Students make eyes with fingers for yellow and orange colored fruits and vegetables that support eye health

As part of the district’s comprehensive personal safety and wellness education plan, a representative from the K-State Extension Office visited Grandview second grade classrooms on January 18 to teach students about fruits and vegetables as part of a healthy lifestyle.

This nutrition presentation will be shared will all second grade students in USD 490 during January and early February.

Bonnie Brewer, Family Consumer Services Agent for the K-State Extension Office, presented “Color Power with Fruits and Vegetables.” This lesson teaches about the importance of consuming a variety of fruits and vegetables because they each provide different health benefits.  

Brewer asked students to hold up their hand. Most hands have five fingers, which represents the five servings of fruits and vegetables they should eat every day. The five fingers also represent the five color groups that students should select those fruits and vegetables from to ensure they are consuming a healthy balance of nutrients. Brewer then asked them to cup their hand. She explained that what would fit in their cupped hand is a single serving to give them an idea of portion size.

There are five main food groups that are considered important for a healthy, balanced diet: fruit, vegetables, grains, protein, and dairy. Using the My Plate graphic from, Brewer showed them that fruits and vegetables should make up about half of their plate at mealtimes.  Phytochemicals are the nutrients that create different colors in fruits and vegetables. Using the acronym for the colors of a rainbow (ROYGBIV), Brewer connected the colors to kinesthetic actions to help students remember which color groups were good for which aspects of a healthy body.  

Red fruits and vegetables are good for heart health. She encouraged students to make a heart shape with their fingers and place it over their heart. Some examples in the red category were tomatoes, apples, strawberries, and raspberries.  

Orange and yellow ones contain nutrients that are beneficial for the eyes. She had students make a circle with their index finger and thumb, then place the circle around their eyes. Examples in this category included corn, carrots, oranges, and peaches.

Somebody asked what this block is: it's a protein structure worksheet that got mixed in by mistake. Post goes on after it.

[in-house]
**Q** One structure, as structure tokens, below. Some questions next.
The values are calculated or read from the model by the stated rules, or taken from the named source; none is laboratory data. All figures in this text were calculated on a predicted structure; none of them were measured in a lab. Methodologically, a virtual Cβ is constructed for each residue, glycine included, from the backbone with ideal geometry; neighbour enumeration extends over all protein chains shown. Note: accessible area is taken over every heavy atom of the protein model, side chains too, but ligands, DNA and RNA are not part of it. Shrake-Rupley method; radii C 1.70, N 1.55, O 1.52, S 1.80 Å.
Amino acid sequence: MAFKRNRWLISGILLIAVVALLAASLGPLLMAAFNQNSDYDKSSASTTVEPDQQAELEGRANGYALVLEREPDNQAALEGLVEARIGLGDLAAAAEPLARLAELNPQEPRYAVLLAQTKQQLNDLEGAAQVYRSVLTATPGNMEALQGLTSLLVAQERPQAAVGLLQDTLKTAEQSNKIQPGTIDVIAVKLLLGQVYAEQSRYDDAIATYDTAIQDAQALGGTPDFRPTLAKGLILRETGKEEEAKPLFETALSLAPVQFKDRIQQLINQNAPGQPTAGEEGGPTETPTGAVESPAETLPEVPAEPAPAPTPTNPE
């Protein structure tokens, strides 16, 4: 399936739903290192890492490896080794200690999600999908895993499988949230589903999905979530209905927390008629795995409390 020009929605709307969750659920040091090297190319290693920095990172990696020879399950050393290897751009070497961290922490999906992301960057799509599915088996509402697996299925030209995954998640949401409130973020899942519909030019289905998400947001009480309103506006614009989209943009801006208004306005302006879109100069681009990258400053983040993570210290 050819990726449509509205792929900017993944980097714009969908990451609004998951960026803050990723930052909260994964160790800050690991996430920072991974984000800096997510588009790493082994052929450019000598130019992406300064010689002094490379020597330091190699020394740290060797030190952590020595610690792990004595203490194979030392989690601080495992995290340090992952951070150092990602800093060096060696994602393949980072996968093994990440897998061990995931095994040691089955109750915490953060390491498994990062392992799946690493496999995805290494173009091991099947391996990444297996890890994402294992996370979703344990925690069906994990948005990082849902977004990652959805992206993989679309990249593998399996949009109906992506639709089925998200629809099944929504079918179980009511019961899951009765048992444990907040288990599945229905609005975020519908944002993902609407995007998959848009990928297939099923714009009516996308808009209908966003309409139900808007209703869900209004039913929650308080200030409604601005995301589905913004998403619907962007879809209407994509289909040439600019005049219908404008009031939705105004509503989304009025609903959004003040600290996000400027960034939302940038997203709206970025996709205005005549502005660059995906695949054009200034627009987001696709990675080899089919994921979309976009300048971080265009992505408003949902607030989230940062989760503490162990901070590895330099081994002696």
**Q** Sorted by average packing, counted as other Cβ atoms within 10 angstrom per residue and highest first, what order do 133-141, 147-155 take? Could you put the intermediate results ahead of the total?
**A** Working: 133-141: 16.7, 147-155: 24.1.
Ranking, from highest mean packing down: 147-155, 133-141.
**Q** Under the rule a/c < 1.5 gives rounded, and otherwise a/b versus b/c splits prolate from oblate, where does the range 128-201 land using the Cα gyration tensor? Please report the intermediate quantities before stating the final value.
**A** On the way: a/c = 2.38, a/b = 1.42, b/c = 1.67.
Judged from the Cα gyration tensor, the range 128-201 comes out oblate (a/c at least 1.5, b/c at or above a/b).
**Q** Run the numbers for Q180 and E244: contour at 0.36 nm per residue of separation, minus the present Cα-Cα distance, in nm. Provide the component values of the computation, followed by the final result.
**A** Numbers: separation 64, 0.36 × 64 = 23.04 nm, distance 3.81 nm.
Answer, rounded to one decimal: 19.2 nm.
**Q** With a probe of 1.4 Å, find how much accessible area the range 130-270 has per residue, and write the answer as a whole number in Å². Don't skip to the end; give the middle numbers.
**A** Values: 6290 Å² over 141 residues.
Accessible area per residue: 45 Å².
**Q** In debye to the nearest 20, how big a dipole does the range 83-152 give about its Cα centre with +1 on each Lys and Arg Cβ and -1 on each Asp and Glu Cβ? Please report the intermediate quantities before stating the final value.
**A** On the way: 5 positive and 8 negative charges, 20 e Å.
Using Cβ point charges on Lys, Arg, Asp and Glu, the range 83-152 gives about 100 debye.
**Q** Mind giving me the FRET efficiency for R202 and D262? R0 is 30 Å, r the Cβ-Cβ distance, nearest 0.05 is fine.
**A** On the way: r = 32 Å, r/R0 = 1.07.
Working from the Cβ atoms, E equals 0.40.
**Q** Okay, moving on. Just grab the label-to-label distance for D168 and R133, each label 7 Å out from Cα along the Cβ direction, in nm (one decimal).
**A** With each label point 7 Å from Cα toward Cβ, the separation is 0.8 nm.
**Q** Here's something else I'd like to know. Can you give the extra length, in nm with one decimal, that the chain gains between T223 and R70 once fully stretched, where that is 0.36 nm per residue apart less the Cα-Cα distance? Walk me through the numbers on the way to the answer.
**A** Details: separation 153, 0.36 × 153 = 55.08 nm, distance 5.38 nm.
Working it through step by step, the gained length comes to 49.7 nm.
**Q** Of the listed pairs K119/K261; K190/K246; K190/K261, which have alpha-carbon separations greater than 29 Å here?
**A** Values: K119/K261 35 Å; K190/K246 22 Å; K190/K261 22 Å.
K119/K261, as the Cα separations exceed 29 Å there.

Green fruits and vegetables are good for muscles. She had students flex their biceps. A few examples included green grapes, kiwi, broccoli, spinach, and kale.  

Blues and purples are good for the brain and memory health. Brewer asked students to make two fists and hold them together above their head. She explained that the size of those two fists is approximately the size of their brain. She had them flatten their hands above their head to make a helmet for their brain. Some examples of blue and purple fruits and vegetables are eggplant, blackberries, blueberries and plums.  

The final color category is related to the clouds often found with rainbows: white. Brewer told students that fruits and vegetables in this color are like the superheroes of fruits and vegetables. They support the immune system and help fight disease. While some of the examples were expected like onions, garlic, cauliflower and potatoes, other were a bit of a surprise. Pears and bananas are part of the white color group because their nutrients are not in the skin like other fruits. They are contained in the flesh, which is white.  

After reviewing the colors, Brewer read “Handa’s Surprise” and asked students to be thinking about which continent they thought the story took place in. She explained that climate affects what is able to grow and which animals are able to thrive.  

“It’s wonderful to learn about other parts of the world because we are all interconnected,” Brewer said. “A lot of foods we eat are grown in other parts of the world.”  

Brewer reminded students that we live in The Bread Basket, but told them we would not have the wheat our region is named after if it weren’t for a man who brought the wheat seeds over from Ukraine in the 1800s when he immigrated to Newton, Kansas. There are museums in Newton and Goessel where you can see the luggage he used to bring the seeds to Kansas. 

Other topics covered each year by the personal safety and wellness plan include: Fire Prevention taught by the El Dorado Fire Department; Drug Abuse Resistance Education (DARE) taught in partnership with the Butler County Sheriff’s Department; Gun Safety taught by school resource officers; Nutrition and Wellness taught in partnership with the K-State Research and Extension Office, Susan B. Allen Memorial Hospital, and the YMCA; the human body system taught by physical education teachers; personal safety and awareness taught by school counselors, school resource officers and classroom teachers; dental care taught by local dentists; poison prevention taught by local pharmacists; water safety taught by the YMCA; and puberty and personal hygiene taught by the school counselors.